Mohamed Hadid settles suit against Zach Vella over Beverly Crest site

Settlement would entail sale of 37 hillside acres, but city could derail the deal

Mohamed Hadid Settles Lawsuit Over Beverly Crest Mansion
Mohamed Hadid, Zack Vella and 9650 Cedarbrook Drive (Getty, Instagram, Zillow)

Mohamed Hadid has settled a lawsuit against developer Zach Vella in relation to a partially built Beverly Crest mansion that was once listed for sale at $250 million. 

In September 2022, Hadid, through an entity called Treetop Development, sued Vella’s Skylark Capital for perpetrating a “loan-to-own scheme” on 9650 Cedarbrook Drive, a planned 78,000-square-foot home that’s reportedly the largest-ever permitted residential development in Los Angeles. Beverly Crest is a section of L.A. overlooking Beverly Hills.

The dispute related to a $92.8 million mortgage on the mansion property. In a complaint filed in California’s Central District bankruptcy court, Hadid claimed that Vella only provided a $29 million chunk of the promised figure. “This in turn led to the construction project not being timely completed and Treetop unable to timely pay the subcontractors performing the work,” the complaint states. 

On April 23, Hadid filed a motion asking a judge to approve the settlement, court records show. Treetop agreed to the deal with Skylark Capital’s servicer, Skylark (UK) Servicing LLC.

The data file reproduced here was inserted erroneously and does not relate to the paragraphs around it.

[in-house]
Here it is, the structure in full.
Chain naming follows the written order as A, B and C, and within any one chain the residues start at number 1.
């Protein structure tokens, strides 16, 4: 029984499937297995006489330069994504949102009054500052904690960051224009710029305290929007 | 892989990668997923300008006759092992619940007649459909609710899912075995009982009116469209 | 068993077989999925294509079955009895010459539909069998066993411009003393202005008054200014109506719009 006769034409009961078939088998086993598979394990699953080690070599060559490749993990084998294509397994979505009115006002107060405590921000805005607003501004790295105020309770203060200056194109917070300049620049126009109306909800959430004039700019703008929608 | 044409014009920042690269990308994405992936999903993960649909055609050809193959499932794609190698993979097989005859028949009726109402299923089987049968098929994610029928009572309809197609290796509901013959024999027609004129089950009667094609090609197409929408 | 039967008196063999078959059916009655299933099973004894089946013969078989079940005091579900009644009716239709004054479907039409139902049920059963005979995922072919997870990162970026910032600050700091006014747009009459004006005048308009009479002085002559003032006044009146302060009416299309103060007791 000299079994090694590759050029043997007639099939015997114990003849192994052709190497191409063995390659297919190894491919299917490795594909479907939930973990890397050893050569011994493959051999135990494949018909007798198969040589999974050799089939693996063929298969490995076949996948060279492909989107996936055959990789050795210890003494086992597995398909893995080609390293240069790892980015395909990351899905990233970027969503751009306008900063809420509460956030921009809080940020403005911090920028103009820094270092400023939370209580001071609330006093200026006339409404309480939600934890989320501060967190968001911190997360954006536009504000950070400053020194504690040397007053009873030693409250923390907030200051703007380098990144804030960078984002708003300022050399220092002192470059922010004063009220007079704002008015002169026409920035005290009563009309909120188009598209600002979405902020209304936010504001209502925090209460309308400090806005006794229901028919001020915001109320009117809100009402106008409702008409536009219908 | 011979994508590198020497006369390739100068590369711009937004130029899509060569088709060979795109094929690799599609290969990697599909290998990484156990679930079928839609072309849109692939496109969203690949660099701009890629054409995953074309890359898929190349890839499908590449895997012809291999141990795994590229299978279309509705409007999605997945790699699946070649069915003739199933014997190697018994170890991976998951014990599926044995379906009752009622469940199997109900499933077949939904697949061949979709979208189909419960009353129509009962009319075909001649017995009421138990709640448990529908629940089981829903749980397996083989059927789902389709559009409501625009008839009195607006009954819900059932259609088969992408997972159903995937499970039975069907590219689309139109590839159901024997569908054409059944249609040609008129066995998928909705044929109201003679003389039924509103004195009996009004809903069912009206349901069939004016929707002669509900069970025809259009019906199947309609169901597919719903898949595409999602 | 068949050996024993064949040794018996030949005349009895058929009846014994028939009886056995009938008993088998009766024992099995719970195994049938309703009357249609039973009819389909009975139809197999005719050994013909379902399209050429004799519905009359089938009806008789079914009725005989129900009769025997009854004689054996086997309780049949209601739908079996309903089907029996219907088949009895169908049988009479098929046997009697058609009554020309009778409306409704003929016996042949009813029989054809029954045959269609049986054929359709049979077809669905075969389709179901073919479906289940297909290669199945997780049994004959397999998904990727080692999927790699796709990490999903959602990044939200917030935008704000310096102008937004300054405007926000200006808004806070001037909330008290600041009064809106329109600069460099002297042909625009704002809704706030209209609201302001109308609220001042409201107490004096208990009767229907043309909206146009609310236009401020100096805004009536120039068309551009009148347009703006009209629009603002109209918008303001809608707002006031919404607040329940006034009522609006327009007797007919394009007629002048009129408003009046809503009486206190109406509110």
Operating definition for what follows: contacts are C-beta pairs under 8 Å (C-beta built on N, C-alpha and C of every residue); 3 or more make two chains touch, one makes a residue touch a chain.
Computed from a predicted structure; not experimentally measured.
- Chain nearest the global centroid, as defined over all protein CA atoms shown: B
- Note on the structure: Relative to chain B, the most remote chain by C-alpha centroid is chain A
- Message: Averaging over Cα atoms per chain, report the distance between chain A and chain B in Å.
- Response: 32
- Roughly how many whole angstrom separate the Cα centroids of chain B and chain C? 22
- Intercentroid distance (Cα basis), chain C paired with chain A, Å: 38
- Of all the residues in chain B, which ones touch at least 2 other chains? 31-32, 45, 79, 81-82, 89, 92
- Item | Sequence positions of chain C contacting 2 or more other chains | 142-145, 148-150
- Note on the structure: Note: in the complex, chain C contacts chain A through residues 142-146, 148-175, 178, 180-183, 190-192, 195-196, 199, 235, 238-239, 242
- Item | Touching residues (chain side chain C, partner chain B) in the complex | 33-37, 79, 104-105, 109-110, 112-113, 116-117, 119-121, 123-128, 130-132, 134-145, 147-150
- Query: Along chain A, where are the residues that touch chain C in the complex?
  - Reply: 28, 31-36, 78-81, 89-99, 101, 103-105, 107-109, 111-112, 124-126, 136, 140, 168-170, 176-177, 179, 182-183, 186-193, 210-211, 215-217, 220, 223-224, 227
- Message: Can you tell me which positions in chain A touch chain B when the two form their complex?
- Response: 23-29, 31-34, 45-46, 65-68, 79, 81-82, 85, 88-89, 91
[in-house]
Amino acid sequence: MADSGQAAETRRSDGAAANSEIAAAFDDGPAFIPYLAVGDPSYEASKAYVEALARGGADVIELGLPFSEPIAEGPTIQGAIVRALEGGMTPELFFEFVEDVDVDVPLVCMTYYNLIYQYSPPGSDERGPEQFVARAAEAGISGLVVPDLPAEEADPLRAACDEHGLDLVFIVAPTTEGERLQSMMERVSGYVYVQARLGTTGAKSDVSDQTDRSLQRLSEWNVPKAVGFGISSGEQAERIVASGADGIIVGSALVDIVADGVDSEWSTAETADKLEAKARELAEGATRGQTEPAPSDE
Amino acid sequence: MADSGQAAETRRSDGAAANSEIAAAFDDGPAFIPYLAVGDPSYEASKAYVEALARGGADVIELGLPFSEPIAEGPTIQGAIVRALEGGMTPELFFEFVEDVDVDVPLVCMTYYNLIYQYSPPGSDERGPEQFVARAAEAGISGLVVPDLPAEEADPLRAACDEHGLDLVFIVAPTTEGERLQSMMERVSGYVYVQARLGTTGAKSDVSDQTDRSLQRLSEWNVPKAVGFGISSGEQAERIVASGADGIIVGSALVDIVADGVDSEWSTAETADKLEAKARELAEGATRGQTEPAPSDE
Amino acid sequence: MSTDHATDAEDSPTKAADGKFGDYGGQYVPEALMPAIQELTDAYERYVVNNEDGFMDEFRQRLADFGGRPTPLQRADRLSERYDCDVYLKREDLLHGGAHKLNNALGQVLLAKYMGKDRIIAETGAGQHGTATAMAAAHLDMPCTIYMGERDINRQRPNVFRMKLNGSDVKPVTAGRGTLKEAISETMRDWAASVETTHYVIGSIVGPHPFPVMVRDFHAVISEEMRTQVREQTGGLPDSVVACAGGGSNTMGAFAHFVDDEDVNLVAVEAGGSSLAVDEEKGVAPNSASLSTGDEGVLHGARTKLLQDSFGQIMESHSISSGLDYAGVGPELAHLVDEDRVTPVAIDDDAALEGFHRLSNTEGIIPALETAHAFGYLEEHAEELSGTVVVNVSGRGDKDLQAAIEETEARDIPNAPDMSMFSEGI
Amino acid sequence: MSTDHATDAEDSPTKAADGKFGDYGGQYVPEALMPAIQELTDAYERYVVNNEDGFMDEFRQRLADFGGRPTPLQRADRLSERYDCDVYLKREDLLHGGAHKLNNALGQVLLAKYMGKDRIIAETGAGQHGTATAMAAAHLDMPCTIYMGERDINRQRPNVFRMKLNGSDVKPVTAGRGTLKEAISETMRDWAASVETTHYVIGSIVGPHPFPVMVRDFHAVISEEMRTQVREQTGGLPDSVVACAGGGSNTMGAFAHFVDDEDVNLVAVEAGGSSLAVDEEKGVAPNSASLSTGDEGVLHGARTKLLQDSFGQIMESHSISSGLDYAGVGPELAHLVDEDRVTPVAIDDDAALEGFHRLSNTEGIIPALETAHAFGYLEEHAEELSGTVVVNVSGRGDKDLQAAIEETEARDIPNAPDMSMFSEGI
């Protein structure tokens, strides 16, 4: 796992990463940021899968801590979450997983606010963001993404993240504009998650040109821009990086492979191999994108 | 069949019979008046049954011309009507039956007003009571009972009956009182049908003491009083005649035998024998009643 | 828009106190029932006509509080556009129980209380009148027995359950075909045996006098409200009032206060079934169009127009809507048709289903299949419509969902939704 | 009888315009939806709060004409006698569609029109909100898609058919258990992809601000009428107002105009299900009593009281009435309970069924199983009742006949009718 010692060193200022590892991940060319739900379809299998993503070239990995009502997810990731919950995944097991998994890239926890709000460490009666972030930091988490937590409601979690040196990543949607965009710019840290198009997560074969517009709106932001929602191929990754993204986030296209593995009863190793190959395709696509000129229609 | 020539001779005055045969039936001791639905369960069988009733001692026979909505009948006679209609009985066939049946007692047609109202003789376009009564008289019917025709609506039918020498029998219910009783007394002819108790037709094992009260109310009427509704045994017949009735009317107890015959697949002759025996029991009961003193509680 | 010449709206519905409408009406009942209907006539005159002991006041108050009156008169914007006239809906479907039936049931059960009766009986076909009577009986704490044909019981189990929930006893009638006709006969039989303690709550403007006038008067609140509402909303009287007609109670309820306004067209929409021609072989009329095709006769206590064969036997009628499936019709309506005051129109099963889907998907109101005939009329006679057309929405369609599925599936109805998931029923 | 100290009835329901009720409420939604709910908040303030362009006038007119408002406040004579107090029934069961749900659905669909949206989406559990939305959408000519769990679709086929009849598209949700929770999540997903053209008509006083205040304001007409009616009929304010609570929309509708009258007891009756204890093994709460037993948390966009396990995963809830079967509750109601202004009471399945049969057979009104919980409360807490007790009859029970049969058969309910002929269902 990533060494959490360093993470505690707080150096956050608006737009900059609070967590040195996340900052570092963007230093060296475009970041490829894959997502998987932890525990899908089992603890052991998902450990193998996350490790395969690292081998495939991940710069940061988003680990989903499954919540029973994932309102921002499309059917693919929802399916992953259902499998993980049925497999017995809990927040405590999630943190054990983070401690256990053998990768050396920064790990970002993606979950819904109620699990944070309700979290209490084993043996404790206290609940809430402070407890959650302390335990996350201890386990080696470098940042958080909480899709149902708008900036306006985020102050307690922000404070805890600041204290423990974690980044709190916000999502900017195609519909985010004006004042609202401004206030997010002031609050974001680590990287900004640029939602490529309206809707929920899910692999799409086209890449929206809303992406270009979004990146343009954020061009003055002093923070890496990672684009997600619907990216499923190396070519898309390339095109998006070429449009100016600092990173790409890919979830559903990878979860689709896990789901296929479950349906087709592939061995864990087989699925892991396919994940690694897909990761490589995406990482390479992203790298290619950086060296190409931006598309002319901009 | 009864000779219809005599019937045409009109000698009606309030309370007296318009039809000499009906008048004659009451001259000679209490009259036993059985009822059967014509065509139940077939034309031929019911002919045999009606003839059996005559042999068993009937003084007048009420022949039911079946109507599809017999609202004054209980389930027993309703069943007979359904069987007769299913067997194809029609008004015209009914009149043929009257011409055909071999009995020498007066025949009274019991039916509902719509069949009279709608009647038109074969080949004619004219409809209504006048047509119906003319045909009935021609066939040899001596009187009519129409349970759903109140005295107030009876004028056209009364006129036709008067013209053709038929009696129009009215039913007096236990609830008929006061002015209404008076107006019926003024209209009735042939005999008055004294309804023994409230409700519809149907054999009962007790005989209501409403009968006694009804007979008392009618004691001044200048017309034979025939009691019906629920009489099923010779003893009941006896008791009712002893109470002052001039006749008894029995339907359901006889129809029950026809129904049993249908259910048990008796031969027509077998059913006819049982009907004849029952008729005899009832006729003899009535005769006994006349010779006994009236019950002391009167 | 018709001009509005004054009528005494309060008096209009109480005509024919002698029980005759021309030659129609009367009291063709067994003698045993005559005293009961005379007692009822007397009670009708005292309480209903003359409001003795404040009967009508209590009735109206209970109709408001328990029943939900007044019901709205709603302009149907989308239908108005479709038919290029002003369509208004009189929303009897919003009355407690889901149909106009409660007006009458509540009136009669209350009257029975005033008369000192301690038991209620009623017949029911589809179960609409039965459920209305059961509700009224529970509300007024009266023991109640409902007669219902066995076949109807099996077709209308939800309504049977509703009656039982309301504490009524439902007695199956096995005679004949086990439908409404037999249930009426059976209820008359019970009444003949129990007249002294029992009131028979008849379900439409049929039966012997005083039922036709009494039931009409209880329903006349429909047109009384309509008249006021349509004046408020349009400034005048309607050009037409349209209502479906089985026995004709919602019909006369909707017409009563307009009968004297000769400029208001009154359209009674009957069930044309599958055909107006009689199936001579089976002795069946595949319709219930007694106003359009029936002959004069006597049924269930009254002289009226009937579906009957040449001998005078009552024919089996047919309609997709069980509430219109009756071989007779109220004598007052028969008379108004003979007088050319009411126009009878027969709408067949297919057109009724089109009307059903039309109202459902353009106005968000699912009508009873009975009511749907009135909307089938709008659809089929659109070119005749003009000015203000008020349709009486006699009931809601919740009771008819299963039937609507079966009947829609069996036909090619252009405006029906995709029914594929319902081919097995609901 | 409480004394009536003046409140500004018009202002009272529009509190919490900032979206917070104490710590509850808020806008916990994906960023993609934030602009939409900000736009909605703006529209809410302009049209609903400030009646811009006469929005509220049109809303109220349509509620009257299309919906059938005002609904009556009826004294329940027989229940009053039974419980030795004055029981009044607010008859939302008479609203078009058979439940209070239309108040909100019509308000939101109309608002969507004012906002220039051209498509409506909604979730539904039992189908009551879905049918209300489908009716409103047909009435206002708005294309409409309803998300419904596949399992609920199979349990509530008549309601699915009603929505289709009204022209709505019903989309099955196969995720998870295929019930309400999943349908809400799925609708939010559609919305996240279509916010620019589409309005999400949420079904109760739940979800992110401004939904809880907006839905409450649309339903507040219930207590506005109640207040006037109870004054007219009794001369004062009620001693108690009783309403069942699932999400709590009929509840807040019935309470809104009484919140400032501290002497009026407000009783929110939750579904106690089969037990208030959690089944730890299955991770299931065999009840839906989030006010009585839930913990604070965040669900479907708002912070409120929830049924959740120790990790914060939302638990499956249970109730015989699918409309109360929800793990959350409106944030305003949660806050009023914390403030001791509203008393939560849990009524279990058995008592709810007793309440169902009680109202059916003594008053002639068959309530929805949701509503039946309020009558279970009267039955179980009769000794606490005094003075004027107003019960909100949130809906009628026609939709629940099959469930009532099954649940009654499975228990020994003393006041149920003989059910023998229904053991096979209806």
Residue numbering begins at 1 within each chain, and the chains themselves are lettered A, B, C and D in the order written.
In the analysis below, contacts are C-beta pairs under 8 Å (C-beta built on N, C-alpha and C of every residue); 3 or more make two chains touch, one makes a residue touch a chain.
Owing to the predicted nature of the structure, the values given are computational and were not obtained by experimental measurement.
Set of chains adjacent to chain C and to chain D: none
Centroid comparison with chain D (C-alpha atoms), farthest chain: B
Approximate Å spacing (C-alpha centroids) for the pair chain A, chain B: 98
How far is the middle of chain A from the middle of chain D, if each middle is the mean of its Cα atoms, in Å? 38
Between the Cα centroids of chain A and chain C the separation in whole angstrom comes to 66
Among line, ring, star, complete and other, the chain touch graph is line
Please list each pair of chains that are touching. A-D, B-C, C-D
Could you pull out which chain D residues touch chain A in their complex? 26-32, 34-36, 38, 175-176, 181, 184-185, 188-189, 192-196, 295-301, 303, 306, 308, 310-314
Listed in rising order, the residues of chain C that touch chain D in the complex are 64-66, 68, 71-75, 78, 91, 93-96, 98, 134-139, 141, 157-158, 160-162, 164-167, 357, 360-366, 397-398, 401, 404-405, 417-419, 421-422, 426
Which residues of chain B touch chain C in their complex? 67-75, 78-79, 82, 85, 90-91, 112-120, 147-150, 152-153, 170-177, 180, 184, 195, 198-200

“The parties have now reached an agreement that consensually addresses their various disputes, will facilitate a sale and potential plan process, and maximize the value of the debtor’s property which will serve to benefit the debtor’s estate and all of its creditors,” the court filing reads.  

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 Under the terms of the agreement, Hadid will sell the property on an “as is where is” basis with the possibility that Skylark itself will lodge a bid for the 37-acre site. 

The deal sets Skylark’s secured claim at $40 million. The figure is much lower than the $63 million that Vella claimed at the time the lawsuit was filed. The agreement also extends the maturity date and increases the debtor-in-possession financing on the property to $16.6 million. 

In its motion, Hadid’s counsel said that the embattled developer may not be able to afford a long legal fight. 

“The costs of discovery, expert testimony and trial would be very costly and time intensive, and would likely involve multiple trial days. Additionally, the debtor may not have the resources to fully pursue a final judgment against the Skylark parties,” the court filing states. 

A possible wrinkle in the deal is the intervention of the City of Los Angeles. In January, Hadid sued the city for canceling the building permits for the site. The court issued an order that reinstated the building permits for the site. In an objection to the settlement, the city claimed that the settlement should not be approved because it would give Hadid more resources to sue taxpayers. 

“The settlement funds further litigation over the issue and also enables the expansion of litigation into other areas that seek damages against city taxpayers. Even if the settlement would lead to payment in full to all creditors, the settlement does nothing but drive the parties further into two camps: the City of Los Angeles versus virtually everyone else,” the city’s filing reads.  

The city has since appealed the decision, with hearings set for May 6 and May 10, court records show. Hadid could not be reached for comment.